After all, there are limits to a Cloud provider’s reach. For instance, if your employees use compromised web browsers to access data in the Cloud, your provider cannot be blamed.

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Cloud Computing best practice: Evaluate Cloud provider security with these 7 questions

Person writing on glass the words good, better, best. The word best is circled.

Unless you’re an expert in security issues, doing proper Cloud provider due diligence can be daunting. Yet it’s essential, given the importance of your business’s data and applications.

So I offer seven questions for you to ask of every Cloud provider you’re considering. Pay attention to the answers you get and don’t hesitate to demand drilldown details. Remember: You’re contemplating putting at least some of the data and apps your business relies on into this provider’s Cloud environment.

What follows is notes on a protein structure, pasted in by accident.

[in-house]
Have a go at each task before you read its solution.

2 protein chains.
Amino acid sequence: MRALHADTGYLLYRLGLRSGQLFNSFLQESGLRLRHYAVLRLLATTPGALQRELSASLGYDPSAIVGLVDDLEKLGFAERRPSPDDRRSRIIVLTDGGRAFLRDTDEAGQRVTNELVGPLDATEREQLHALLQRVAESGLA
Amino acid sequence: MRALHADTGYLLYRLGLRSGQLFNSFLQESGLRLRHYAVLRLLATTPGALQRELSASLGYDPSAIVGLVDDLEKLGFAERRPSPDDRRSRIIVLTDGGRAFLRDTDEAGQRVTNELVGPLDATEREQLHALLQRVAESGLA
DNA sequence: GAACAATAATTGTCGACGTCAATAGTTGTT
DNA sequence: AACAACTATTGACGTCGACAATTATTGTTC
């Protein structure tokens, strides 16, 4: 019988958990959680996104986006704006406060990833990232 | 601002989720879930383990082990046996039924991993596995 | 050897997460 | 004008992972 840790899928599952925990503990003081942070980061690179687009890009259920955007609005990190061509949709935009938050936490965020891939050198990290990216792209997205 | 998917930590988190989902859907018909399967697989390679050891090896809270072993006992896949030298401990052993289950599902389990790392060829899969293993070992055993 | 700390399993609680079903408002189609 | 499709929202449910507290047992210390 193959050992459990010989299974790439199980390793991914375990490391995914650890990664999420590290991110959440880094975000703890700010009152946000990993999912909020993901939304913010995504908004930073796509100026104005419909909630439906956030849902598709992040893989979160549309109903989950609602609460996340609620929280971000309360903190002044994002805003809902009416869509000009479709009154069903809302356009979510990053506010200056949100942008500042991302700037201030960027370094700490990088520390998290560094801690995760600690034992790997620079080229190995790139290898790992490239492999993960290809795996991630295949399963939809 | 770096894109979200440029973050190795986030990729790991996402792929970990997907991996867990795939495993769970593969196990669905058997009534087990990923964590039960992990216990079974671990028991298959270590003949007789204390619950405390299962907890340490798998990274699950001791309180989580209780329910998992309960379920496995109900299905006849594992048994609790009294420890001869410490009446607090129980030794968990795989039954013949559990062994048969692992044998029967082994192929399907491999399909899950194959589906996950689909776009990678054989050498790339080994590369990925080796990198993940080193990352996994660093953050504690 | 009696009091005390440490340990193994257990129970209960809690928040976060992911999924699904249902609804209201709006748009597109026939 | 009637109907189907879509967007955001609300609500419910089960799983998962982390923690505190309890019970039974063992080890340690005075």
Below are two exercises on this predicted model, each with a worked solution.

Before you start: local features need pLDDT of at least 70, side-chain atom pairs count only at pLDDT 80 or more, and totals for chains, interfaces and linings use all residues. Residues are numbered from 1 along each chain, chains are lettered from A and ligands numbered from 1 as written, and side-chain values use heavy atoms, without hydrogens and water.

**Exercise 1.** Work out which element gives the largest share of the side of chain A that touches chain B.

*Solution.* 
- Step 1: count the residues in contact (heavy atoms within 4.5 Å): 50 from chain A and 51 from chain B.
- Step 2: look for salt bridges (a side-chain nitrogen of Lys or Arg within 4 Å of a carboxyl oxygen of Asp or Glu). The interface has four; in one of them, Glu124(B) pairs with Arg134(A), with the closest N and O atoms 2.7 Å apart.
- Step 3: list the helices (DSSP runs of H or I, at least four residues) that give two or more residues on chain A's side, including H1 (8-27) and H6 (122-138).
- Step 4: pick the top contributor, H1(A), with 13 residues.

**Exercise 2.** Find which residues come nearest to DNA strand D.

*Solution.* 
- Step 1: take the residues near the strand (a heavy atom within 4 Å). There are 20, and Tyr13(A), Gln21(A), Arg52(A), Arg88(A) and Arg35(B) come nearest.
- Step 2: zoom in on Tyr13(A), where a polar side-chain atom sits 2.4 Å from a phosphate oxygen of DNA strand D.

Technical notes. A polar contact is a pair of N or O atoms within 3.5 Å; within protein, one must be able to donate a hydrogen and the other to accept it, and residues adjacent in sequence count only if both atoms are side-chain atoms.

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Do your Cloud provider due diligence

Checklist with a cloud on it.

Whether or not we give it much explicit thought, we all do at least some due diligence every time we buy something.

When it comes to Cloud services, due diligence ought to be done explicitly and with forethought — because getting out from under a bad Cloud choice can be onerous. It’s worth your while to choose well in the first place.

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Cloud Computing best practice: Understand available Cloud capabilities

Various cloud icons - cloud in center surrounded by monitors, laptops, etc

I’ve posted before about Cloud computing best practices, and I’m doing it again now (and for the next several posts) for a couple of reasons:

  1. Cloud computing continues to (quickly) evolve, and while some Cloud best practices stay more or less constant, others must be adapted to keep pace,
  2. Cloud success depends on adhering to best practices — so there’s no such thing as talking too much about them or the order in which they should be applied.